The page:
The Cult’s Under The Midnight Sun and 5 More LPs to Get You Excited For 7/22 at The Met

Today English post-punks-turned-hard-rock-legends The Cult announced their 11th studio album, Under The Midnight Sun, set to drop on October 7th, courtesy of Black Hill Records.  The album has co-founders...

Today English post-punks-turned-hard-rock-legends The Cult announced their 11th studio album, Under The Midnight Sun, set to drop on October 7th, courtesy of Black Hill Records.  The album has co-founders Ian Astbury (vocals) and Billy Duffy (guitar) joining producer Tom Dalgety — known for his work with Pixies, Ghost, and Royal Blood – for what the band consider to be their most esoteric and mystical release yet.  The album was inspired by Astbury’s memories of The Cult’s appearance at the Provinssirock festival in Finland, where during the summer the sun doesn’t go down north of the Arctic Circle. “It’s three in the morning, the sun’s up, and there’s all these beautiful people in this halcyon moment,” said Astbury of the recollection.  This memory proved to be especially inspirational for Astbury as lockdown ended and he and the band could finally join together and work in person for the first time in over a year.

In celebration of their first new material since 2016’s Hidden City, The Cult are kicking off a 16-date North American tour tomorrow night in St. Paul and will find themselves playing our very own Metropolitan Opera House on Friday, July 22nd.  To complete the evening, the band are bringing along psychedelic garage rockers Black Rebel Motorcycle Club and atmospheric synth-popper Zola Jesus as support, whose music and live performances are just as triumphantly moody as the work that made Astbury and Duffy icons.  Have a listen to “Give Me Mercy,” the first single off of Under The Midnight Sun, in addition to these five LPs, that will surely get you in the mood for The Cult, Black Rebel Motorcycle Club, and Zola Jesus’s night at the opera.

  1. The Cult – Electric (1987)

Although the story goes that The Cult’s third full-length and sonically sleaziest release notoriously had mega-producer Rick Rubin attempting to get the band to emulate the heaviest hitters of ‘70s hard rock, the particular slither of these songs did a better job of establishing the band as an arena-rock-ready version of The Doors, something no other major act of the era ever came close to touching.

  1. Zola Jesus – Taiga (2014)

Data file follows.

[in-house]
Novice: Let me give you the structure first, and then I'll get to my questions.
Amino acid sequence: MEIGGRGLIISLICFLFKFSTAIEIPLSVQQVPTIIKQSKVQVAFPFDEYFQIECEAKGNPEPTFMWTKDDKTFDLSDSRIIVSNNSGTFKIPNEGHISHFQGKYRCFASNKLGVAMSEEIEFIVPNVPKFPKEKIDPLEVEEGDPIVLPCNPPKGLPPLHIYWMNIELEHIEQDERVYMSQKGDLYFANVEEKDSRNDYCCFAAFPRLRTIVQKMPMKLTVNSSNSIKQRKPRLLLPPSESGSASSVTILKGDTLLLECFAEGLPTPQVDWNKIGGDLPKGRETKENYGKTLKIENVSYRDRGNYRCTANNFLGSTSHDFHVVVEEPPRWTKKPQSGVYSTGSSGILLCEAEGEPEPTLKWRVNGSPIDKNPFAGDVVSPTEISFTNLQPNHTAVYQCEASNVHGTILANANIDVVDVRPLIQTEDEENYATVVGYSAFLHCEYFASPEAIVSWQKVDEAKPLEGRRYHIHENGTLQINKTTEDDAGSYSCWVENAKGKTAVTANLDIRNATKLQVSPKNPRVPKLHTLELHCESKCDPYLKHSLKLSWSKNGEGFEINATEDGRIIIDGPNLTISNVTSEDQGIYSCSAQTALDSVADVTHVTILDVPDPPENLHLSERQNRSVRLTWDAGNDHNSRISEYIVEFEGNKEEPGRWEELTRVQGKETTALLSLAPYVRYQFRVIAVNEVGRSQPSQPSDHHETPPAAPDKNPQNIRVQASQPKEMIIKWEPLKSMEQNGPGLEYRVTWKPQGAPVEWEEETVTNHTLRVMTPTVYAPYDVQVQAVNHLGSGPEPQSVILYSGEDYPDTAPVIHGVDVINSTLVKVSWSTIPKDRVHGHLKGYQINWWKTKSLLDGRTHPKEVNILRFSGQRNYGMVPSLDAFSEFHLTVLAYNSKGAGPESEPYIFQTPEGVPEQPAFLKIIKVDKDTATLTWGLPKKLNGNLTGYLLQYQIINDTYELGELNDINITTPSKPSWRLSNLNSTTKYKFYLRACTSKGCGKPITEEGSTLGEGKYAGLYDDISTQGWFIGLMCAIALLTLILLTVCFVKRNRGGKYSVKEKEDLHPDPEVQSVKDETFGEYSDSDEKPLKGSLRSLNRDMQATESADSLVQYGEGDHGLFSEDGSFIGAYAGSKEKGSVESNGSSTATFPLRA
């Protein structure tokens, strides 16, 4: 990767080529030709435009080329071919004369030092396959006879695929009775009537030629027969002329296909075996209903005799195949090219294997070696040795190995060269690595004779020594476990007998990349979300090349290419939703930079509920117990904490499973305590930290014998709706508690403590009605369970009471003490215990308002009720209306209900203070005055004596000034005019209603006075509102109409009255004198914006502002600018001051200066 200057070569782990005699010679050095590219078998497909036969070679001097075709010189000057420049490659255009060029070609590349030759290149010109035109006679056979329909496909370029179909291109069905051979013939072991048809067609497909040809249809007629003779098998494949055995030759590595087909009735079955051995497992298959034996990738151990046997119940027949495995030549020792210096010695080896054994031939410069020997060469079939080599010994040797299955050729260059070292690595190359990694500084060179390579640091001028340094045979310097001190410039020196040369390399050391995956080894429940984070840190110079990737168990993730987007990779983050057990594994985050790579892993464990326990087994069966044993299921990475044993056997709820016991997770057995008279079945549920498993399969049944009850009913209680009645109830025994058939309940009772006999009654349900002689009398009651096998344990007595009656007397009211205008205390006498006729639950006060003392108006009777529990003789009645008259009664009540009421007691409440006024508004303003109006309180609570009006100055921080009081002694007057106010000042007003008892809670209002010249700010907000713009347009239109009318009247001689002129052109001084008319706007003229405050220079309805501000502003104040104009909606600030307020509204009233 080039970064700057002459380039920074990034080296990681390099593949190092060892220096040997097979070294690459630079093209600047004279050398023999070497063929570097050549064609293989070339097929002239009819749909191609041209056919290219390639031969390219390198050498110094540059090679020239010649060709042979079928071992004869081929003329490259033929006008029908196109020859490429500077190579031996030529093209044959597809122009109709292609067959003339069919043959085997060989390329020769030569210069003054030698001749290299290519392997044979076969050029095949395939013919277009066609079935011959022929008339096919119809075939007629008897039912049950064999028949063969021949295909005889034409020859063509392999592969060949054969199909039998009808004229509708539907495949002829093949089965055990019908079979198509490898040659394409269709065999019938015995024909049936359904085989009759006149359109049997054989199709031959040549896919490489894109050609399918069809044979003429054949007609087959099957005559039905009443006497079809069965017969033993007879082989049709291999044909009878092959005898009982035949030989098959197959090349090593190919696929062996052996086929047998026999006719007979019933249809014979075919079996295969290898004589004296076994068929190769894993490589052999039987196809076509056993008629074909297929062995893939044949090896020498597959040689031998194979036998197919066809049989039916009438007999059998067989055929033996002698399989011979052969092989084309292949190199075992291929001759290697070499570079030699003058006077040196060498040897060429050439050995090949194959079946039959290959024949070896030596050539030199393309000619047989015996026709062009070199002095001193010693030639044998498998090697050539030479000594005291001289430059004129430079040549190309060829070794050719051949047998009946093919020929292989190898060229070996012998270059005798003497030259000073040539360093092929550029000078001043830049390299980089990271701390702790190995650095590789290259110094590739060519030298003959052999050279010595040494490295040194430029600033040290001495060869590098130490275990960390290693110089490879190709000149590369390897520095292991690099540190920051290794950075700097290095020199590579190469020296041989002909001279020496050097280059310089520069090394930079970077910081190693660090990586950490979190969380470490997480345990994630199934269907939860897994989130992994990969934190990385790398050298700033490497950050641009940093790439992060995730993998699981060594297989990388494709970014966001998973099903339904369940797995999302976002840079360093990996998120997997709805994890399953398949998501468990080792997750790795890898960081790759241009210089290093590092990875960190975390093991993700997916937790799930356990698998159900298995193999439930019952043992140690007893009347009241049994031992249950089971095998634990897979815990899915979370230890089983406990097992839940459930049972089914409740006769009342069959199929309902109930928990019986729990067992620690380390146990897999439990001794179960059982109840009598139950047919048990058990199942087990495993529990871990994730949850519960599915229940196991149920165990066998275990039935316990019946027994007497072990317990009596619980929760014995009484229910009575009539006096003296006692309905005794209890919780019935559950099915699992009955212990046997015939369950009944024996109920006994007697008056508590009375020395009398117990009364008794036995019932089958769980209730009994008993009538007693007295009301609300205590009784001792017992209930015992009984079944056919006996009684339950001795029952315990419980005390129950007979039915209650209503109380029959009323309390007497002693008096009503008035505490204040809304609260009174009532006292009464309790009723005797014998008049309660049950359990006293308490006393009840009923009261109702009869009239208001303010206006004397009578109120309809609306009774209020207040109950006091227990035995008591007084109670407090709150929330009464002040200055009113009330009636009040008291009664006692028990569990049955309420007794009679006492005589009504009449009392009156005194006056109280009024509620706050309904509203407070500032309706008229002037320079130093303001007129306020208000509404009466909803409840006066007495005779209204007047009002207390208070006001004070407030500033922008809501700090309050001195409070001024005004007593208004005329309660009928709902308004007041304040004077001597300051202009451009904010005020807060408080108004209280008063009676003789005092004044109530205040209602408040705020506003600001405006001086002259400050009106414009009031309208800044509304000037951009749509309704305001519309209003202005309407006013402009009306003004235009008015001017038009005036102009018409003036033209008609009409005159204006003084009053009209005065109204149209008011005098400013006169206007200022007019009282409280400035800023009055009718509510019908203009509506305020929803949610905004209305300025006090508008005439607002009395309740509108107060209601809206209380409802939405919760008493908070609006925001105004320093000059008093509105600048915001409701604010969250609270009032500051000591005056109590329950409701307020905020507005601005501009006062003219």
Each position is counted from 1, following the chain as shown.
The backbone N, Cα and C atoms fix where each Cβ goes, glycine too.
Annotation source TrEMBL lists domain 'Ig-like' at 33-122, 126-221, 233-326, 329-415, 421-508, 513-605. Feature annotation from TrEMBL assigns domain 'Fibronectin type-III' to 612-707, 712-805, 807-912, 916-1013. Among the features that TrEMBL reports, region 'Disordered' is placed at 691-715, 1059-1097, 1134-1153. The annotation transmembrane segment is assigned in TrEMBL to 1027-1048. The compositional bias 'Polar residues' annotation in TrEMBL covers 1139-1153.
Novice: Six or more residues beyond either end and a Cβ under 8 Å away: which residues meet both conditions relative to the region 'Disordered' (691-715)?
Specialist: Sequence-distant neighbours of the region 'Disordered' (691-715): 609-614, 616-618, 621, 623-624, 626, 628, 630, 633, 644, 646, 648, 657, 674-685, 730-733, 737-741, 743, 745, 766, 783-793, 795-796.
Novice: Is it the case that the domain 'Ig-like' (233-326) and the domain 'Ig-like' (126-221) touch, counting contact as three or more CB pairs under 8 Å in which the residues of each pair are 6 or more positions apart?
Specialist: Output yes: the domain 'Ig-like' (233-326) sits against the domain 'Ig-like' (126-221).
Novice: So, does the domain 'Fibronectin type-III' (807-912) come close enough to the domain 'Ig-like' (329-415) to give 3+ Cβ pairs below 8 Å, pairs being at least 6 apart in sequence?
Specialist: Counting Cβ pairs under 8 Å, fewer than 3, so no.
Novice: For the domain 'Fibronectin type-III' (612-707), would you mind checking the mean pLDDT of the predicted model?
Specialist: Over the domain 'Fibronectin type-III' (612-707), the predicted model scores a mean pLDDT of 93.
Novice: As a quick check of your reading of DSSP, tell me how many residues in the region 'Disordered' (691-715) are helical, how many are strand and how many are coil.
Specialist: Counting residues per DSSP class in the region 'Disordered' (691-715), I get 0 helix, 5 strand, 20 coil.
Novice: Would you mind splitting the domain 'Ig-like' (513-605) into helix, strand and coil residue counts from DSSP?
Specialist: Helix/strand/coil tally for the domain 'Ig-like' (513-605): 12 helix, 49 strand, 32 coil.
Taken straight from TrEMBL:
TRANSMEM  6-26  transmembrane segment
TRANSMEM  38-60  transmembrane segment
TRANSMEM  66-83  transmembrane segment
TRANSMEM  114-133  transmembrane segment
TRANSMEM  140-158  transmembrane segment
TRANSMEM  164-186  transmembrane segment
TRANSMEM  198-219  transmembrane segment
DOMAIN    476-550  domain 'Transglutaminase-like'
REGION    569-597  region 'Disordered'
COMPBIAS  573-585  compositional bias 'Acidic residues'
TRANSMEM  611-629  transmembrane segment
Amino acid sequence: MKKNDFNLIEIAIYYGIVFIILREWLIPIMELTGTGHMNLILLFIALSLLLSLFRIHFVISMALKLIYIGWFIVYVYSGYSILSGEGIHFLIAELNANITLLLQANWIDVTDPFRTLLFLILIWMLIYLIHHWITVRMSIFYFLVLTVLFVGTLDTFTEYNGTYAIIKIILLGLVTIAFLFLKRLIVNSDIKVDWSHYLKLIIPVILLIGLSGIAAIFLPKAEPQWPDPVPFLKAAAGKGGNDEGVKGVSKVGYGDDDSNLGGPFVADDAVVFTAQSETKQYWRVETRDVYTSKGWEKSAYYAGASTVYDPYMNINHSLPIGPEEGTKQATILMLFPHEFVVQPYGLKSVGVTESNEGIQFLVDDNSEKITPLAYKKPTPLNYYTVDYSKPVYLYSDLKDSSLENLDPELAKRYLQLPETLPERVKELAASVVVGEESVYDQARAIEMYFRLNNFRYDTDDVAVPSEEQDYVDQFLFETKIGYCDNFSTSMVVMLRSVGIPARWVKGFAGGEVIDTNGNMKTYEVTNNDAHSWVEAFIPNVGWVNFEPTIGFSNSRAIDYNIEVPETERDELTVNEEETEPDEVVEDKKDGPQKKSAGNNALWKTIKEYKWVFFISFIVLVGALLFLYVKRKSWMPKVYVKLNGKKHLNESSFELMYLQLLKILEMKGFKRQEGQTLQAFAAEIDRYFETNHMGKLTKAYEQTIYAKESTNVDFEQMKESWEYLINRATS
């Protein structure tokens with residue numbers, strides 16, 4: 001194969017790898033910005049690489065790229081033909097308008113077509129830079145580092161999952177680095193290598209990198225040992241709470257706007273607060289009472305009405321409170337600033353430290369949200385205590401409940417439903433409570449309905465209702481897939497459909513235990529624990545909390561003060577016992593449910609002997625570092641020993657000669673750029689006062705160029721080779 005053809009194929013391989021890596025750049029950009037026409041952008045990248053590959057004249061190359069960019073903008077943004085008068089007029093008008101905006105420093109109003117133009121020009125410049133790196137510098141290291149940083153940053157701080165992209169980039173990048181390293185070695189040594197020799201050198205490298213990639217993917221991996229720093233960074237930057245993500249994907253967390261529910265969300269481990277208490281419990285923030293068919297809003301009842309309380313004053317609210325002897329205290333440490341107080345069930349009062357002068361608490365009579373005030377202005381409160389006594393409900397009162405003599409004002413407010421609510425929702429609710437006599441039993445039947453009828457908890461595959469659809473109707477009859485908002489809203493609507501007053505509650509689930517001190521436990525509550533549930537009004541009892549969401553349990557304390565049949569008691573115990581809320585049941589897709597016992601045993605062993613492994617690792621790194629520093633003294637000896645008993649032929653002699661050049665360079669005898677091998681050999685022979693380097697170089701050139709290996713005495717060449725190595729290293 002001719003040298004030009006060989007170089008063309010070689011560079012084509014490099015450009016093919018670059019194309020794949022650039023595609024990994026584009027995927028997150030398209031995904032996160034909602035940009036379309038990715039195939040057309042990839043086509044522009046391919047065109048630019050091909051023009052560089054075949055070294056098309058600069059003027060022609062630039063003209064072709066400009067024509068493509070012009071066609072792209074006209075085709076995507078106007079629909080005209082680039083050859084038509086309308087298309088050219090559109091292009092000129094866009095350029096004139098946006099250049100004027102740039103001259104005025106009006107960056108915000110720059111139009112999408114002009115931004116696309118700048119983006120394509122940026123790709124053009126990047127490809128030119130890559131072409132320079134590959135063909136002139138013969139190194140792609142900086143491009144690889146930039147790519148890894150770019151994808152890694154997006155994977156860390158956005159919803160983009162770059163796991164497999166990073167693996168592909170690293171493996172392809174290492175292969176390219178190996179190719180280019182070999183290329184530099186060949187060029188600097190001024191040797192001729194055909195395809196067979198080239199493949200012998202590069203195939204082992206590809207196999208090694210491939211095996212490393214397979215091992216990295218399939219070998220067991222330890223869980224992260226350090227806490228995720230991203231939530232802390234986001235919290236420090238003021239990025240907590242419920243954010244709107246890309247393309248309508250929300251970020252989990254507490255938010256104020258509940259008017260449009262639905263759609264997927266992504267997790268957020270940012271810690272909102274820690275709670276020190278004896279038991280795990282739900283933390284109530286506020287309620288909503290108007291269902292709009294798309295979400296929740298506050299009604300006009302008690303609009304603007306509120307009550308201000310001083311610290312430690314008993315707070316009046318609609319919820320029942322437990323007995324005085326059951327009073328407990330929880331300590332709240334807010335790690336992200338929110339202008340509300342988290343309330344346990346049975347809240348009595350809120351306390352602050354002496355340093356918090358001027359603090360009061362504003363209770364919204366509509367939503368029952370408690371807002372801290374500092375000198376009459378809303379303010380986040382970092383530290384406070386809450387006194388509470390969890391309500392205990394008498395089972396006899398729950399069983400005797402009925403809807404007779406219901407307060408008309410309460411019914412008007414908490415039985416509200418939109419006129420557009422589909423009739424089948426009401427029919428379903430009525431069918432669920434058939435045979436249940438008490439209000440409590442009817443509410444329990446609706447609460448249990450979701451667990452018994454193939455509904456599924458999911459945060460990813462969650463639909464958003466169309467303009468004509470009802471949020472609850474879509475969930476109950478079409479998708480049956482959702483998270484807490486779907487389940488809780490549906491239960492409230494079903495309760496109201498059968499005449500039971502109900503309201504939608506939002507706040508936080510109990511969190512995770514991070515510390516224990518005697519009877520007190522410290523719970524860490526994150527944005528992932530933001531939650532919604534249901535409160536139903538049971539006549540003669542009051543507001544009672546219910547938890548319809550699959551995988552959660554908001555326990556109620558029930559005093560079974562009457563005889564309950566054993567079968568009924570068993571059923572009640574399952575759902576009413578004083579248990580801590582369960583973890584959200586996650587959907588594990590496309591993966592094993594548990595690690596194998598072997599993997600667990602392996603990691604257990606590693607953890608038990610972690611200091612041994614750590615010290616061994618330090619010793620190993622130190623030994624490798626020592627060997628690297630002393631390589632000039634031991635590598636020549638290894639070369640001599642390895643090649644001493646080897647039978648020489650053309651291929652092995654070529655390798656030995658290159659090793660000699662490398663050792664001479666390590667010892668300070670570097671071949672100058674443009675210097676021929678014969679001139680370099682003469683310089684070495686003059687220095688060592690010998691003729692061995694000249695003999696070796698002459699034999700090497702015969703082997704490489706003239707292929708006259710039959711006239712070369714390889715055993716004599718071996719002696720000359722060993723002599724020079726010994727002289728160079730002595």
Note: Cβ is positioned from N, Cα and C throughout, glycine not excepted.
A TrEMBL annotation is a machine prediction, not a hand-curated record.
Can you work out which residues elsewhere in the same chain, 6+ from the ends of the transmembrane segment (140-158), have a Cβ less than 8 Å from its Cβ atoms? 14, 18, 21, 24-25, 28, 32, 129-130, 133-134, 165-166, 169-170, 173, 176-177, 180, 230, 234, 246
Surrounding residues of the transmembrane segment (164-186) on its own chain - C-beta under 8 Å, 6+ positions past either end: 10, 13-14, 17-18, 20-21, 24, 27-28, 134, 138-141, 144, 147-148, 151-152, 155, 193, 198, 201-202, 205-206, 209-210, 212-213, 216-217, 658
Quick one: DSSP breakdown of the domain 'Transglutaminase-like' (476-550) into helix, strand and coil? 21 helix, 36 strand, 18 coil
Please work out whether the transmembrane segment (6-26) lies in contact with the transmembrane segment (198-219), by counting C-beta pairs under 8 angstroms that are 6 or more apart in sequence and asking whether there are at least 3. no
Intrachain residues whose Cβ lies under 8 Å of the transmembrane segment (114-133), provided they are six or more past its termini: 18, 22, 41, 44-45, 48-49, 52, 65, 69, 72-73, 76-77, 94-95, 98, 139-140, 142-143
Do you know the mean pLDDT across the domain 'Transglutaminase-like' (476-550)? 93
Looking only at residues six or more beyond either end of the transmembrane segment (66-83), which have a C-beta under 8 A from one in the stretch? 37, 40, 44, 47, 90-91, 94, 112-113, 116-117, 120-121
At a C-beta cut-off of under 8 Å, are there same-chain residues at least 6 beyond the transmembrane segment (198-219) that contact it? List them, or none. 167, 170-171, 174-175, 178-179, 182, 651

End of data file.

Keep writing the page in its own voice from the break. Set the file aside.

Zola Jesus’s fourth record is the postmodern singer/songwriter’s most concerted effort to make a pop album, allegedly even taking inspiration from Rihanna for her vocals.  However, when that R&B swagger is combined with the artist’s penchant for avant-garde classical compositions and strange and sensuous synths, it makes for a dance party fit for goth warriors of the highest order.

  1. The Cult – Love (1985)

The Cult’s second LP and breakthrough album was the last to showcase their own goth rock roots, and features singles “She Sells Sanctuary” and “Rain,” which showed the world of rock radio and music television (literal and otherwise) that they certainly had something different to offer than all of the other leather, denim, and metal-clad acts of the era.

  1. Black Rebel Motorcycle Club – B.R.M.C. (2001)

Of all of the brilliant psych-tinged, slightly-punky, more-than-slightly-shoegazey alt rock albums coming from bands surely mourning the end of Brit Pop around the turn of the century, Black Rebel Motorcycle Club’s first LP is certainly the best.  It’s also worth noting that fourth single “Whatever Happened to My Rock ‘n’ Roll (Punk Song)” is the greatest Rock N’ Roll anthem to come out of the aughts.

  1. The Cult – Sonic Temple (1989)

Having recently celebrated a 30th anniversary prior to the pandemic (complete with a 5-CD reissue), The Cult’s most successful album seems to remain the favorite of both fans and band (Recent setlists have included more than half of the LP.)  Although the first album produced by Bob Rock (who would go on to produce the majority of the band’s work to follow) originally polarized listeners with its accessibility, for the past five decades its songs have highlighted nearly every one of the band’s performances.

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During the day Izzy Cihak teaches transgression, subversion, and revolution at Temple University. At night he haunts Philthy's best venues to cover worthwhile acts for Philthy Mag. Morrissey is everything to him and, in their own heads, all of his friends see themselves as Zooey Deschanel.